May all beings be happy! 

Monday, July 23, 2018


I know that lately my posts have not been as numerous. I am busy, but in a different way than when I was teaching. I am productive, but often feel unproductive. I would not go so far as to say that I am 'stuck', because I definitely feel that I am moving forward on multiple fronts, albeit slowly. More correctly, I feel that this is a time for reflection and assessment, so that I can see where I stand and then change course if need be.

Here are some of my feelings, in a nutshell:

I feel overwhelmed by household tasks, and things I need to do (e.g. wash baby clothes) seem to sneak up on me before I know it.
Each day I complete many different tasks, yet I fear that few results are lasting or meaningful.
Will I ever be able to get back to prioritizing my applications and professional writing in the midst of so many household tasks and obligations?
I would like to spend more time each day focusing on my own wellbeing and success, and forming new habits that will eventually benefit myself and others.
In contrast to last year at this time, I feel much more calm, happy, and yes, grateful. 
I am really happy with how this current gratitude practice has expanded my focus towards the bigger picture. 
I really love writing about what I am grateful for. Even if there was some hiccup in my day, being conscious of the 'good things' has really helped my outlook and lifted my spirits.
Although I love expressing gratitude in my posts here at BCB, I am aware that there is still much more to do. Indeed, writing these posts constitutes 'action', but I know that there is still much more to express -and act upon- the gratitude I feel by actually doing something for someone. In that respect I am stuck, because I feel that I am not able to do anything that would be thoughtful enough.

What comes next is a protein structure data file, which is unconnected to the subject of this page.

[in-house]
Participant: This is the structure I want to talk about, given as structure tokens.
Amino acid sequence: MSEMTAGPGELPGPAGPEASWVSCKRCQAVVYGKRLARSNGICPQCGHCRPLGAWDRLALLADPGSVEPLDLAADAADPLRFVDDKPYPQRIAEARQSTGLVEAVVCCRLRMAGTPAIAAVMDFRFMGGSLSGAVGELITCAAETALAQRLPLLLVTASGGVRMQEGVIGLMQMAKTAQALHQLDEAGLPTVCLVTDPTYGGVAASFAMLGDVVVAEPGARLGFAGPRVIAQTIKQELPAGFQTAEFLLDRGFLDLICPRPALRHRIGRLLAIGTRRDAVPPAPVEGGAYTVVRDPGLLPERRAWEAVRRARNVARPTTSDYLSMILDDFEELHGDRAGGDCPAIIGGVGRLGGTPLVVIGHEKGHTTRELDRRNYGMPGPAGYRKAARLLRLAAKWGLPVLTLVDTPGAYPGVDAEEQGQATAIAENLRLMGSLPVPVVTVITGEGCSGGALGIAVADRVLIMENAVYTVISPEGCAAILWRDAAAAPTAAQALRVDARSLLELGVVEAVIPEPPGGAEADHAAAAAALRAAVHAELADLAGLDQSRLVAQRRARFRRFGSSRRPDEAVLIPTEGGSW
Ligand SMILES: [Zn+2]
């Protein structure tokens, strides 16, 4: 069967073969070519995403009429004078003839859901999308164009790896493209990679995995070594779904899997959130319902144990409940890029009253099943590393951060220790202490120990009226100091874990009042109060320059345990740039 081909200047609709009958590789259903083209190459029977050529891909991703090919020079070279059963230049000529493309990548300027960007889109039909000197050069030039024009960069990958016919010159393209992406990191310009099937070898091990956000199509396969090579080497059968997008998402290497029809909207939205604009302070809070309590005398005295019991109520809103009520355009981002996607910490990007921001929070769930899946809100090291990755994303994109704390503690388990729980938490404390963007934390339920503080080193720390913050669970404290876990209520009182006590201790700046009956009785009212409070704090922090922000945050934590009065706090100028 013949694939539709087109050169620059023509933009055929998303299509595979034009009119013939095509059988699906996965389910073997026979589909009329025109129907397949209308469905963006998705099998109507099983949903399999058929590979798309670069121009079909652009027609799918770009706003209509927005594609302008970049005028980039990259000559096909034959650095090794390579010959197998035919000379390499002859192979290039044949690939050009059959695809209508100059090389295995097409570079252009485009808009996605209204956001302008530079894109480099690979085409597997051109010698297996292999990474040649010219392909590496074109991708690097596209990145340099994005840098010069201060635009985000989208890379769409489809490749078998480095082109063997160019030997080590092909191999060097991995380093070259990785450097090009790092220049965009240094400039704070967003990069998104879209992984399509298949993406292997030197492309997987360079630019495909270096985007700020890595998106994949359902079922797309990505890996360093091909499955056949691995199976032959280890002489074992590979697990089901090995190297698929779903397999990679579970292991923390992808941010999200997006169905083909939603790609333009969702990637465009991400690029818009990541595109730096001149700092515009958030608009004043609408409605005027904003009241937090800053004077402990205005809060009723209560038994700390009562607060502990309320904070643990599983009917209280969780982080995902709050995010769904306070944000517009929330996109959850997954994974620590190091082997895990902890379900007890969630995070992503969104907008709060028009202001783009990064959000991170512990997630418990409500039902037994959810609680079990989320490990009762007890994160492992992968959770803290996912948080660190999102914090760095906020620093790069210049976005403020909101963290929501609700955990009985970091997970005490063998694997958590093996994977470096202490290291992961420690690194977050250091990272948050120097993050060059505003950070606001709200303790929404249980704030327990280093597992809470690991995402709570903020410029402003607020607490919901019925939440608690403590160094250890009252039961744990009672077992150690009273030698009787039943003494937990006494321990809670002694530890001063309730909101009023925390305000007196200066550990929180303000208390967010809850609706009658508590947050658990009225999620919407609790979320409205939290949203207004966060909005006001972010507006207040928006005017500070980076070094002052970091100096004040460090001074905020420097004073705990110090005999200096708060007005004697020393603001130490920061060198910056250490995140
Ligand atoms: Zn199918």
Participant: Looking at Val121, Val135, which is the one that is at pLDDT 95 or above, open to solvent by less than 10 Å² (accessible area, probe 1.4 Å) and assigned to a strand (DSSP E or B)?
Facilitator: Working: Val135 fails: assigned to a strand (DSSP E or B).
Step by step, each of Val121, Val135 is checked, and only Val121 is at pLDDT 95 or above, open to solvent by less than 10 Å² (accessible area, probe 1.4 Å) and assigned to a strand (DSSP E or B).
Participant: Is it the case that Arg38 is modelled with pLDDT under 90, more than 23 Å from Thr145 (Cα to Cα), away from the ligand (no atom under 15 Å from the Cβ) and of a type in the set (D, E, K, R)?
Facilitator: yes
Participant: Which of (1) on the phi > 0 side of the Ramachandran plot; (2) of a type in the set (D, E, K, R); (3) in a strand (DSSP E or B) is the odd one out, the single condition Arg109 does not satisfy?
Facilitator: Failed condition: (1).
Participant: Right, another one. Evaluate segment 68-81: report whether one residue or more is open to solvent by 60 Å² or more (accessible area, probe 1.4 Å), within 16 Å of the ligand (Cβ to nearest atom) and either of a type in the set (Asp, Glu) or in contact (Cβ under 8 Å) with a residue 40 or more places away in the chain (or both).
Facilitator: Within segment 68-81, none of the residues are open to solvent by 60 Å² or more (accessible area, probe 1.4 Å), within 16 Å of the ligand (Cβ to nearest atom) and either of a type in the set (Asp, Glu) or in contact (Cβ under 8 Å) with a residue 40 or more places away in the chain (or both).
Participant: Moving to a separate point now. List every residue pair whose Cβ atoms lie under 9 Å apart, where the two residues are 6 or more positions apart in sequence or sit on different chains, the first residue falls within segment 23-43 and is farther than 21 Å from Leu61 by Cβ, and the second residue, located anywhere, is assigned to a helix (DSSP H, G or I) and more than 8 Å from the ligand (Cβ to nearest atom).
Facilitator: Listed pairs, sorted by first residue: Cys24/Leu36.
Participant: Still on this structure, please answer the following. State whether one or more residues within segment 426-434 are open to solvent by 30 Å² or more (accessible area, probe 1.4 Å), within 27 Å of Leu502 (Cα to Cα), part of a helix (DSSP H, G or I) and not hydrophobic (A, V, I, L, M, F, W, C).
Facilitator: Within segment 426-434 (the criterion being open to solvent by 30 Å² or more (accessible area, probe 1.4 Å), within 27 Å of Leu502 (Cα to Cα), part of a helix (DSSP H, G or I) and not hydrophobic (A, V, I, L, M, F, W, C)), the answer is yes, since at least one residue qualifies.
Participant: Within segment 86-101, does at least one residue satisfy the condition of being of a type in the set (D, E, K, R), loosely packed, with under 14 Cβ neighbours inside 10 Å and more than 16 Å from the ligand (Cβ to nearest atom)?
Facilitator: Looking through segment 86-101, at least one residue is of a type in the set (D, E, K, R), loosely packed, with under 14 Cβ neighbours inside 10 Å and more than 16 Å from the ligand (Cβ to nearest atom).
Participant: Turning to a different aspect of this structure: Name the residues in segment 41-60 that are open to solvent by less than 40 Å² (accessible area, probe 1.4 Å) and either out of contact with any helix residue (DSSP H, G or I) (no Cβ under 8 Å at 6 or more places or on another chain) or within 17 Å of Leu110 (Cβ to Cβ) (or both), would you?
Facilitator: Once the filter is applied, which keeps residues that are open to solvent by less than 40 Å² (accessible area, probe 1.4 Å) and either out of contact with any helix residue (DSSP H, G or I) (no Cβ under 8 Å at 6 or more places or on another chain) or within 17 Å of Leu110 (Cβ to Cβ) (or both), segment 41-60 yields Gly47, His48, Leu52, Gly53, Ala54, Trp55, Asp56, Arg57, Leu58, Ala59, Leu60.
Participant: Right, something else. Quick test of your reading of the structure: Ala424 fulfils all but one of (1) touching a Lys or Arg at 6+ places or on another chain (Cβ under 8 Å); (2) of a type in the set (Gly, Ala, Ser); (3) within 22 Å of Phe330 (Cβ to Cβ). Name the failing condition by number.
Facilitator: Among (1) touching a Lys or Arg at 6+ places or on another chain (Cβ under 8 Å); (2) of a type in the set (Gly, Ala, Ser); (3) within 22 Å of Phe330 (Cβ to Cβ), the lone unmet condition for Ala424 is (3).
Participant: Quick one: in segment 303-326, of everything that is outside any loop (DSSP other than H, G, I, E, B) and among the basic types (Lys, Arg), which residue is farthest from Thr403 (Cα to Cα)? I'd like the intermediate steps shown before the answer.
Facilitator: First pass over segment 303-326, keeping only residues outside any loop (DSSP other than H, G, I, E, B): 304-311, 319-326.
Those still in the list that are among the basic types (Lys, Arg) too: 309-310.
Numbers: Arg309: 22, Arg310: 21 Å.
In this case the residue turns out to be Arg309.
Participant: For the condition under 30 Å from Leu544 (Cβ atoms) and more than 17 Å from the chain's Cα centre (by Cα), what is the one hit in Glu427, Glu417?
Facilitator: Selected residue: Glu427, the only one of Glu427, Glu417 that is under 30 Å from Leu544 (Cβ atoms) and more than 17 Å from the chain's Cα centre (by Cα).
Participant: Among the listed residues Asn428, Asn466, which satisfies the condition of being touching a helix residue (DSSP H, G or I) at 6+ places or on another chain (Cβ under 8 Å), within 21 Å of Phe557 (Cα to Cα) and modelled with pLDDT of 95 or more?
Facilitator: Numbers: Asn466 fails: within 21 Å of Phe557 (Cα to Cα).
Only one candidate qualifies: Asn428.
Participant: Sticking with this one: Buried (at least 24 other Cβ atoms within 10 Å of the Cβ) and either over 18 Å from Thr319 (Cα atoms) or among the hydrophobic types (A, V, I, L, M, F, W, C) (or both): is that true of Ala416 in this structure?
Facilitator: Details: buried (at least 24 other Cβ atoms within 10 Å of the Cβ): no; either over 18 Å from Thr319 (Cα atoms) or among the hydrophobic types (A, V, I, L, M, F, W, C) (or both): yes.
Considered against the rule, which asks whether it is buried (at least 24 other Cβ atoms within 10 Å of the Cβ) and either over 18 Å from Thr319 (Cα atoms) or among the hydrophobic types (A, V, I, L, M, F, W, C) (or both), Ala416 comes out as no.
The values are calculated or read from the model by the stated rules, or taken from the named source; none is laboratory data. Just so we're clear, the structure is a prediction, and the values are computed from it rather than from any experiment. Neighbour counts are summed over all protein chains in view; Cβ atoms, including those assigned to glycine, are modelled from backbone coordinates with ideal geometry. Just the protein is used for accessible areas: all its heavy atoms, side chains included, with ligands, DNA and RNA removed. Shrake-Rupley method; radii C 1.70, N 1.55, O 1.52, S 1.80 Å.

I have thanked several people in my life, but also have many more to thank. Does it make sense that I look forward to writing each of these gratitude posts, yet also find the magnitude of posts still left to write incredibly daunting?
I have come to the conclusion that expressing gratitude through posts here at BCB should be extended beyond a yearlong practice. However, I do not wish to delay my thanks to people who are important to me just because I have given myself more time. 
I feel I am not writing posts to express my gratitude 'fast enough', and that, despite my best intentions not to, that I am help up writing the 'perfect post', especially if I am thanking a person who I care about. 

So there you go; a mixture of my more recent thoughts and personal challenges. For those of you who know me personally, you know that I am a problem solver, and I have already found a viable way to keep my daily tasks organized in a manageable way. In a word, it is Habitica, an online site and accompanying app that treats our daily 'to-do's and the habits we wish to develop as a Role Playing Game, or RPG. Although never a big gamer, the concept (and the fact that it is free to try!) intrigued me, and so I thought I'd give it a whirl. So far I have found that it is intuitive and useful, and yes, also innovative, rewarding, and fun! I never thought that I would be 'one of those people' who enter their to-do's into a list/calendar of sorts, but so far I love it! Researching how to keep daily tasks organized and trying a new system has given me the hope -and motivation- to start finally working towards all those things I have been meaning to do but haven't. 

As for the gratitude practice, I know I should continue to keep forging on, since I certainly don't want to stop now. But I just need to think about how I can do this and not drop the ball on other important things going on in my life, so that I may look back and see that my effort has made some positive impact. In writing this post I am also reaching out to my readers, whose wisdom and advice I greatly respect - and very much look forward to! 🙏

This post is part of the daily gratitude practice I am working to develop during 2018. You can read all about it at ByChanceBuddhism!
May all beings be happy!